poems like this are everywhere

the girl riding the bus bundled up in layers on a summer day, large muffin top like headphones covering her ears as she swipes up and down, left and right, on her phone.

i thinks she's playing a game.  i'm not sure. i know there is a dating app that involves swiping maybe she's finding love. maybe she's swiping left. i think that's the bad swipe. is it?

in the last row, sitting in the back, a tall black man in hospital scrubs naps, his legs taking up the 2 seats next to him, i worry about his head, lolled to the side, hitting the bus wall with each ka-chunk down fremont street.  it's early so i'm not sure if he's on his way home or to work. for his sake i hope it's home.

i wished i was going home instead of to therapy. these days where you wonder why you're going. i have nothing to talk about. i'm fine. life is fine. my people are fine. we're all surviving and that's enough. my parents don't know. they're on the don't ask don't tell plan that includes just enough data to get through the month. our phone conversations are 5-10 minutes tops.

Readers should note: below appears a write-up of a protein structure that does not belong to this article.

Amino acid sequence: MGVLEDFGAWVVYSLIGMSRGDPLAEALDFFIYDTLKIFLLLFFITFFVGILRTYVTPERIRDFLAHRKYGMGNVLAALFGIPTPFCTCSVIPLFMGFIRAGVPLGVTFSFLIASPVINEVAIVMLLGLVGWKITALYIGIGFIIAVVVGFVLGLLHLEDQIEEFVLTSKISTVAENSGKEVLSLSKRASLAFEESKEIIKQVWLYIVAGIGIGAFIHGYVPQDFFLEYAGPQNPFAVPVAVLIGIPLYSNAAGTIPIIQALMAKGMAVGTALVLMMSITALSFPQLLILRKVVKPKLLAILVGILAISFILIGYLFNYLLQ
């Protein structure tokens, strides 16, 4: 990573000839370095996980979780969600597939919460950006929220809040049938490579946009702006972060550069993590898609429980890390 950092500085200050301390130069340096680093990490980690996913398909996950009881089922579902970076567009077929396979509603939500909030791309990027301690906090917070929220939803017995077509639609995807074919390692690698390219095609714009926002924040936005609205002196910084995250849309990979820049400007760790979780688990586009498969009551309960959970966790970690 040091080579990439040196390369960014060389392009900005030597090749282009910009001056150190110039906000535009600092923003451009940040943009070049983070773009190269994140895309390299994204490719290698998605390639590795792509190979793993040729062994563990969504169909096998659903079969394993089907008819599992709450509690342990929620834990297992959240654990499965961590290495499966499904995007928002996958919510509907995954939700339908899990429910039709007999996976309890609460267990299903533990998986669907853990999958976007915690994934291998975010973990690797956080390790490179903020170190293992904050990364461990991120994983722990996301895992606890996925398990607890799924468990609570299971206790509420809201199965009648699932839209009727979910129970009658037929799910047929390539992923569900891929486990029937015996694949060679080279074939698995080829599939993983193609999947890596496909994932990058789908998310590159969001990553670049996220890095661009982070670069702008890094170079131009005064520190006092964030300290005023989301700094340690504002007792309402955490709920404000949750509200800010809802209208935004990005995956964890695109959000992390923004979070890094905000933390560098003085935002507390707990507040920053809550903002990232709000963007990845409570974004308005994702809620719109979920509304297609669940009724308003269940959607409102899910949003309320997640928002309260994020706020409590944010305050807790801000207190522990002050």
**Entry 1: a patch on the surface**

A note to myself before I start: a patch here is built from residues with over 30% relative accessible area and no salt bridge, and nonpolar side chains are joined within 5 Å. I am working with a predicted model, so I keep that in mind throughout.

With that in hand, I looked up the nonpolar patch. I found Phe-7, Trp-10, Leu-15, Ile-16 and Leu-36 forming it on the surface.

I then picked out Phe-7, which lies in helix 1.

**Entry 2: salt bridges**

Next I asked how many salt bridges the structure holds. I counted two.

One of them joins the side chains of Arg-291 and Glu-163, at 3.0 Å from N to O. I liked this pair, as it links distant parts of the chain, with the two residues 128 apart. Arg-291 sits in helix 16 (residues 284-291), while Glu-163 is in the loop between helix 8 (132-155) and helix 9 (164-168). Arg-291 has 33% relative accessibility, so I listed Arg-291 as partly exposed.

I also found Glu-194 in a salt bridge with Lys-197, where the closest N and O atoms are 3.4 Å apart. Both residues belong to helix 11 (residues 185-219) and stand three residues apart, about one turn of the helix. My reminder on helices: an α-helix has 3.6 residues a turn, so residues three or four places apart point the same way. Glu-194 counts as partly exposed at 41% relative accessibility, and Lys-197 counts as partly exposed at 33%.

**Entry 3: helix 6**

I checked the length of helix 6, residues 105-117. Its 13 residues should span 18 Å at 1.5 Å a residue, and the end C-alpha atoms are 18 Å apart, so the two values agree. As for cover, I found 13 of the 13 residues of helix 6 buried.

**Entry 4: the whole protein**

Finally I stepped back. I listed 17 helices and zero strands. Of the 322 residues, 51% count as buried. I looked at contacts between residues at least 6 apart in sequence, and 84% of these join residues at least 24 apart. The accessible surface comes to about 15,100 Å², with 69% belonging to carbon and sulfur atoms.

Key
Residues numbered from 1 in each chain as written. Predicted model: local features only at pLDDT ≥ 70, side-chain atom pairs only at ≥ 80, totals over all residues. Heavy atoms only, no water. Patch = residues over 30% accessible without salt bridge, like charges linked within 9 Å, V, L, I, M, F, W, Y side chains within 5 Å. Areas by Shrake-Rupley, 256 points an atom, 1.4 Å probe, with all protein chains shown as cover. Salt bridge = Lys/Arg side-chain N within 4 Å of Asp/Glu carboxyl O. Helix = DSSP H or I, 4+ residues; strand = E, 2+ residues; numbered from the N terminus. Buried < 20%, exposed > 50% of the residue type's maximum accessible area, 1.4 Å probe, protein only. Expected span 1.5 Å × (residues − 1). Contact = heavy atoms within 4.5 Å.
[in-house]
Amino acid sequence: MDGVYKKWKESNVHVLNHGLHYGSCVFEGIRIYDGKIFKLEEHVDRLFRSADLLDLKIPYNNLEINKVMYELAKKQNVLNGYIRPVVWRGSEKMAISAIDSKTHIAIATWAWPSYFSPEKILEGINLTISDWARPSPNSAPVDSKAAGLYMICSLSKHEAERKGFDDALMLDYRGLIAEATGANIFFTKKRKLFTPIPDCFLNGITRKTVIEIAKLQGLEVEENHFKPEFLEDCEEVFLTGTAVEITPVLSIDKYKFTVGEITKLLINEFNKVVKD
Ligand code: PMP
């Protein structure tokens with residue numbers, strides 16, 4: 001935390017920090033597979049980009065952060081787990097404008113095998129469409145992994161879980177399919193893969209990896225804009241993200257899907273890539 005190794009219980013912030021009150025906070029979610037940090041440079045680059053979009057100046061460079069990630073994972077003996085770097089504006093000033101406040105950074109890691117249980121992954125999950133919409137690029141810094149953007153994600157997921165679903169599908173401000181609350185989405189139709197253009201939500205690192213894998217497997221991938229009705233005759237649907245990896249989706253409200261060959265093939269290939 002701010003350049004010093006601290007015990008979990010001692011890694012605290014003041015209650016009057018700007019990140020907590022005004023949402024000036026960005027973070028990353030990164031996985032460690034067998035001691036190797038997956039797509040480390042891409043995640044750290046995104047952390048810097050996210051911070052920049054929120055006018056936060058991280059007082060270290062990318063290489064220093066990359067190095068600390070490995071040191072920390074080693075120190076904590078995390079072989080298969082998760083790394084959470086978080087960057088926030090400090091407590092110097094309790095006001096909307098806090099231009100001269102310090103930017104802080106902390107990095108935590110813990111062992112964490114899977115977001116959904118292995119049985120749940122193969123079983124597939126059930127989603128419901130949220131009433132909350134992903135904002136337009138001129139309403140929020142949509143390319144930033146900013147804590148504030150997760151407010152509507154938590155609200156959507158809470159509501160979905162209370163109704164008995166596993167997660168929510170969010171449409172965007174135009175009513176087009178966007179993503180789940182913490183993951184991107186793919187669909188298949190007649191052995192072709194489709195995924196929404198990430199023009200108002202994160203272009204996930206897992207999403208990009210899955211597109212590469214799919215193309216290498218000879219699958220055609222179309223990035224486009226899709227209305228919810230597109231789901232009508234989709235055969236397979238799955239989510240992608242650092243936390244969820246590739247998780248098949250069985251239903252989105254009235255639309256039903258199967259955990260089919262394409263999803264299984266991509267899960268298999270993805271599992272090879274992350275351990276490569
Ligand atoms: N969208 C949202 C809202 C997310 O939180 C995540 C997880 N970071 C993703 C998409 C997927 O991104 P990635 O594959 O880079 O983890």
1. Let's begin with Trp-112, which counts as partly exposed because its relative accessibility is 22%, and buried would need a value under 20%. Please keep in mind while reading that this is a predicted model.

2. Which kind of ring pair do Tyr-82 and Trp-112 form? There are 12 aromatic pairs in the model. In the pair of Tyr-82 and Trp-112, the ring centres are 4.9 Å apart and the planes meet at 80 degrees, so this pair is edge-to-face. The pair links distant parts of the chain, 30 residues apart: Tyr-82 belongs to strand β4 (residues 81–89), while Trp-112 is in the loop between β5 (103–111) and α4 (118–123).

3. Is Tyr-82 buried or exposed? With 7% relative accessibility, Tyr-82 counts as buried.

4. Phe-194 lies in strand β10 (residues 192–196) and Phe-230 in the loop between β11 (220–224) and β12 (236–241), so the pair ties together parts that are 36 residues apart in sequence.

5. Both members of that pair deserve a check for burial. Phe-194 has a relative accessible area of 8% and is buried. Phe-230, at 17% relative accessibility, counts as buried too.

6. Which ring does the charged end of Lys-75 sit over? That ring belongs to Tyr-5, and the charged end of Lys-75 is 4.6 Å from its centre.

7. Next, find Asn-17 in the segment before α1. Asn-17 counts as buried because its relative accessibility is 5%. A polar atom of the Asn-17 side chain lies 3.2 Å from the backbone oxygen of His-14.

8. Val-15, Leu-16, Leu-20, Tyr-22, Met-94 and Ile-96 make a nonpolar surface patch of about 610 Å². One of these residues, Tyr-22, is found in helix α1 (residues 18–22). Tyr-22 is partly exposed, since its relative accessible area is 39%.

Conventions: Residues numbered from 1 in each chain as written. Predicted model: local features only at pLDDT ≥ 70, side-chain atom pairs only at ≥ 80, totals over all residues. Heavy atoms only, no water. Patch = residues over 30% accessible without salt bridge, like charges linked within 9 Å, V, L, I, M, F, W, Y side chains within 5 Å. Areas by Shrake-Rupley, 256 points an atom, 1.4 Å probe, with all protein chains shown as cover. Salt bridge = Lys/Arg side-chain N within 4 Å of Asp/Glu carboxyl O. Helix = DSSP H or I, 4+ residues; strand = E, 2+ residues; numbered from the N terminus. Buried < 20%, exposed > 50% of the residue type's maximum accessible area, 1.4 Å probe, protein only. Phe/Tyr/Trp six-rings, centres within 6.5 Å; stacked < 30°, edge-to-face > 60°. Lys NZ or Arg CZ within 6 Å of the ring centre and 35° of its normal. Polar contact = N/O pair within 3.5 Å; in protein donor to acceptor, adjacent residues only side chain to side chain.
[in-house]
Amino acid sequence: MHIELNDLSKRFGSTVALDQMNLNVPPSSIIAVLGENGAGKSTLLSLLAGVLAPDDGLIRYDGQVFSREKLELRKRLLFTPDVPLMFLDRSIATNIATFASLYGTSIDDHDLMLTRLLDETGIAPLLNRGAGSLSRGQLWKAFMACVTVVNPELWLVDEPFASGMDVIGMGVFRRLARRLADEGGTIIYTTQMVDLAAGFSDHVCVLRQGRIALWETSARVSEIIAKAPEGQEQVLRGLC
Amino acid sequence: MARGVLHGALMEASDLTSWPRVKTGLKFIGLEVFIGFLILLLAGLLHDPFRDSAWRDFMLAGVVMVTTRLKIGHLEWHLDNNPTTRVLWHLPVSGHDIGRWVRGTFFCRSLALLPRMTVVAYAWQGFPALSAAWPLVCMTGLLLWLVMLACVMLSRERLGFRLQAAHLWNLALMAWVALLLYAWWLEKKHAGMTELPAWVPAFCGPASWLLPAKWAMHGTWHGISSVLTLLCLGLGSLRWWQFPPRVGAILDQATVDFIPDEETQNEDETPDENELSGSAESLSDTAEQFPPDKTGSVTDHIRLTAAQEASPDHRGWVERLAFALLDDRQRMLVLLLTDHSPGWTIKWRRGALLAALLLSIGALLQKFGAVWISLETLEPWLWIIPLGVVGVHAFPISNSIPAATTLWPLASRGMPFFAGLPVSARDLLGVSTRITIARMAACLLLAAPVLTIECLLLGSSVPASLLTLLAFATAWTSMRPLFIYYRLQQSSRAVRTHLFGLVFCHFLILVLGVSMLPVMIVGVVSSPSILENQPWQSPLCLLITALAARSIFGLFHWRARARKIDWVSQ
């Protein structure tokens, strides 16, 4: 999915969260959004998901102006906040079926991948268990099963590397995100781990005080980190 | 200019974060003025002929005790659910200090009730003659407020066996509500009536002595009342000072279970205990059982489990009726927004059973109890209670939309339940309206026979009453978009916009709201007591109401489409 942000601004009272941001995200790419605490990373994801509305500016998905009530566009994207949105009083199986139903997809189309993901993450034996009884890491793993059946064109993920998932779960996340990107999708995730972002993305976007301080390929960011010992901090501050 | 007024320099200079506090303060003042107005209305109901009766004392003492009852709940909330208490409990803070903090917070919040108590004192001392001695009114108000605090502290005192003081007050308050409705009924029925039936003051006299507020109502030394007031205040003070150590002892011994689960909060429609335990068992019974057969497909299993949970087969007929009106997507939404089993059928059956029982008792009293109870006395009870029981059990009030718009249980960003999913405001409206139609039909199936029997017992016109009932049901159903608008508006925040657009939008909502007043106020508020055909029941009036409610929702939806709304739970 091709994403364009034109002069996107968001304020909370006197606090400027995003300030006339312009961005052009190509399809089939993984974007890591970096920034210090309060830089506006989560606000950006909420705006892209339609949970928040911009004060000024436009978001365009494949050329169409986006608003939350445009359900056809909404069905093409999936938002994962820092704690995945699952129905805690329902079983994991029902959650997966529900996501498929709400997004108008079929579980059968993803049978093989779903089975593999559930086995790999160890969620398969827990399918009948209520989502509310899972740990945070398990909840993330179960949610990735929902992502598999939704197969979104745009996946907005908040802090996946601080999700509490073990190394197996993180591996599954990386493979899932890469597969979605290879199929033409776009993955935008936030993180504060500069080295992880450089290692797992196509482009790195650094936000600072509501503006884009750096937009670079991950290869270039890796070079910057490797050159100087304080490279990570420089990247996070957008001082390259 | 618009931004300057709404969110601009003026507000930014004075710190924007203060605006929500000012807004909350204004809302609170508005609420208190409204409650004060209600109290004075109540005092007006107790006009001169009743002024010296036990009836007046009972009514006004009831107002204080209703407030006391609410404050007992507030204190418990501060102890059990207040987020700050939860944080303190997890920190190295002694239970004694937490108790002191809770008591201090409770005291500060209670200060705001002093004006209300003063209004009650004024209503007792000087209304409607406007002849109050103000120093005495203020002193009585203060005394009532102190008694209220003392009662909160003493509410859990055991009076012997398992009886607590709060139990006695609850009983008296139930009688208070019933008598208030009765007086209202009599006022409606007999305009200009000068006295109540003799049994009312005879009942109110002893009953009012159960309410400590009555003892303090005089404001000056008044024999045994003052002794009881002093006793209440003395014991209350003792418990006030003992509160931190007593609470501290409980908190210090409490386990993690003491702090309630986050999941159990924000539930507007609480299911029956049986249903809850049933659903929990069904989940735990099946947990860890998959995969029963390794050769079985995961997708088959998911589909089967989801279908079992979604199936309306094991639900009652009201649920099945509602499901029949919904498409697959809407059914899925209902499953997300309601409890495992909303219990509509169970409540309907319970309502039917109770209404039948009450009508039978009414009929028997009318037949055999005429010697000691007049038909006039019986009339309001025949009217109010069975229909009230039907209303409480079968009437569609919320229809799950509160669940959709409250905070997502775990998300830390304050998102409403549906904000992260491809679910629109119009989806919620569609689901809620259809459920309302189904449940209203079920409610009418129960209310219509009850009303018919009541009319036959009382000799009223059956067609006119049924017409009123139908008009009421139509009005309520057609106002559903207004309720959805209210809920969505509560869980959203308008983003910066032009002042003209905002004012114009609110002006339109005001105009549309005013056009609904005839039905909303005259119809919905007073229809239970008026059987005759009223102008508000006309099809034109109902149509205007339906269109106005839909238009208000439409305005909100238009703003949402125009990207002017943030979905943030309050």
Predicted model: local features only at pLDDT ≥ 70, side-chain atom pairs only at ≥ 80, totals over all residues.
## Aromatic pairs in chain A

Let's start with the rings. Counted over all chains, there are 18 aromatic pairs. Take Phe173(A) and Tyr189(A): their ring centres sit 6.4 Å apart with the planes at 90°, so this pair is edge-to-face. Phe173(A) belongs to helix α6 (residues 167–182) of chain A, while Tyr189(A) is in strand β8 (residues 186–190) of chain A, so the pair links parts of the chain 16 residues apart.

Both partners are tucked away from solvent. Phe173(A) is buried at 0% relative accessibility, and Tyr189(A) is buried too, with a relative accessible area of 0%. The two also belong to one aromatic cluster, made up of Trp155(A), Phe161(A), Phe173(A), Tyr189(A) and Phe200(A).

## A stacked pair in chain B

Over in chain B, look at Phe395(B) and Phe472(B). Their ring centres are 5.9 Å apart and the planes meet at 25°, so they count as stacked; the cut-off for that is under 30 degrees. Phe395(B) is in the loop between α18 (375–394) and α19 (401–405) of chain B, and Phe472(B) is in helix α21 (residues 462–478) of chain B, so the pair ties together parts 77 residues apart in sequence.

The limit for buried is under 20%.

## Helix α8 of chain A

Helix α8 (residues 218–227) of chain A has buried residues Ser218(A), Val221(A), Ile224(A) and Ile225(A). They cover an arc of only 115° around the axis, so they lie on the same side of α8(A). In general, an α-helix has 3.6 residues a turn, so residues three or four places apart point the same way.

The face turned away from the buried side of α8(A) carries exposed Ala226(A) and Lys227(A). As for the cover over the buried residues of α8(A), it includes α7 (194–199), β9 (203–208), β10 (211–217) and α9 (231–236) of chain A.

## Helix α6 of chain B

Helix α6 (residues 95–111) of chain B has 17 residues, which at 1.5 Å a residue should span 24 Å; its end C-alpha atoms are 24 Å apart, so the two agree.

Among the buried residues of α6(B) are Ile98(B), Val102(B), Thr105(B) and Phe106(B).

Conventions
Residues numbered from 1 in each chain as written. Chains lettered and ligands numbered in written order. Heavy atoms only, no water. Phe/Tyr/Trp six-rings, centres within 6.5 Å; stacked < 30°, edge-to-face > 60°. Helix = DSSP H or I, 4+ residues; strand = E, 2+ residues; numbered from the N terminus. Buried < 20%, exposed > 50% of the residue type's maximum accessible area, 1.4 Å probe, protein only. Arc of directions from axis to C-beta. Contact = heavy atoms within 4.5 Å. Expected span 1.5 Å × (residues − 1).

my mom uses facetime so she can see me and recognize that i'm fine because all my features are in tact. i'm still here and i'm still me. the dogs bark in the background and she says hello to charlie and bean and sends here regards to jeff who is working in the other room. 

i wonder if she sees me  and if she can identify which features of mine are her own. i can see it when i wash my face in the morning. i'm looking more and more like her every year.  it's not a bad thing. i want to increase her plan. i want to let her in.  i'm not sure if she's ready or even if she wants in.  it's enough for her to facetime.

five minutes. proof of life.

i'm here. i'm still me. we're all still fine.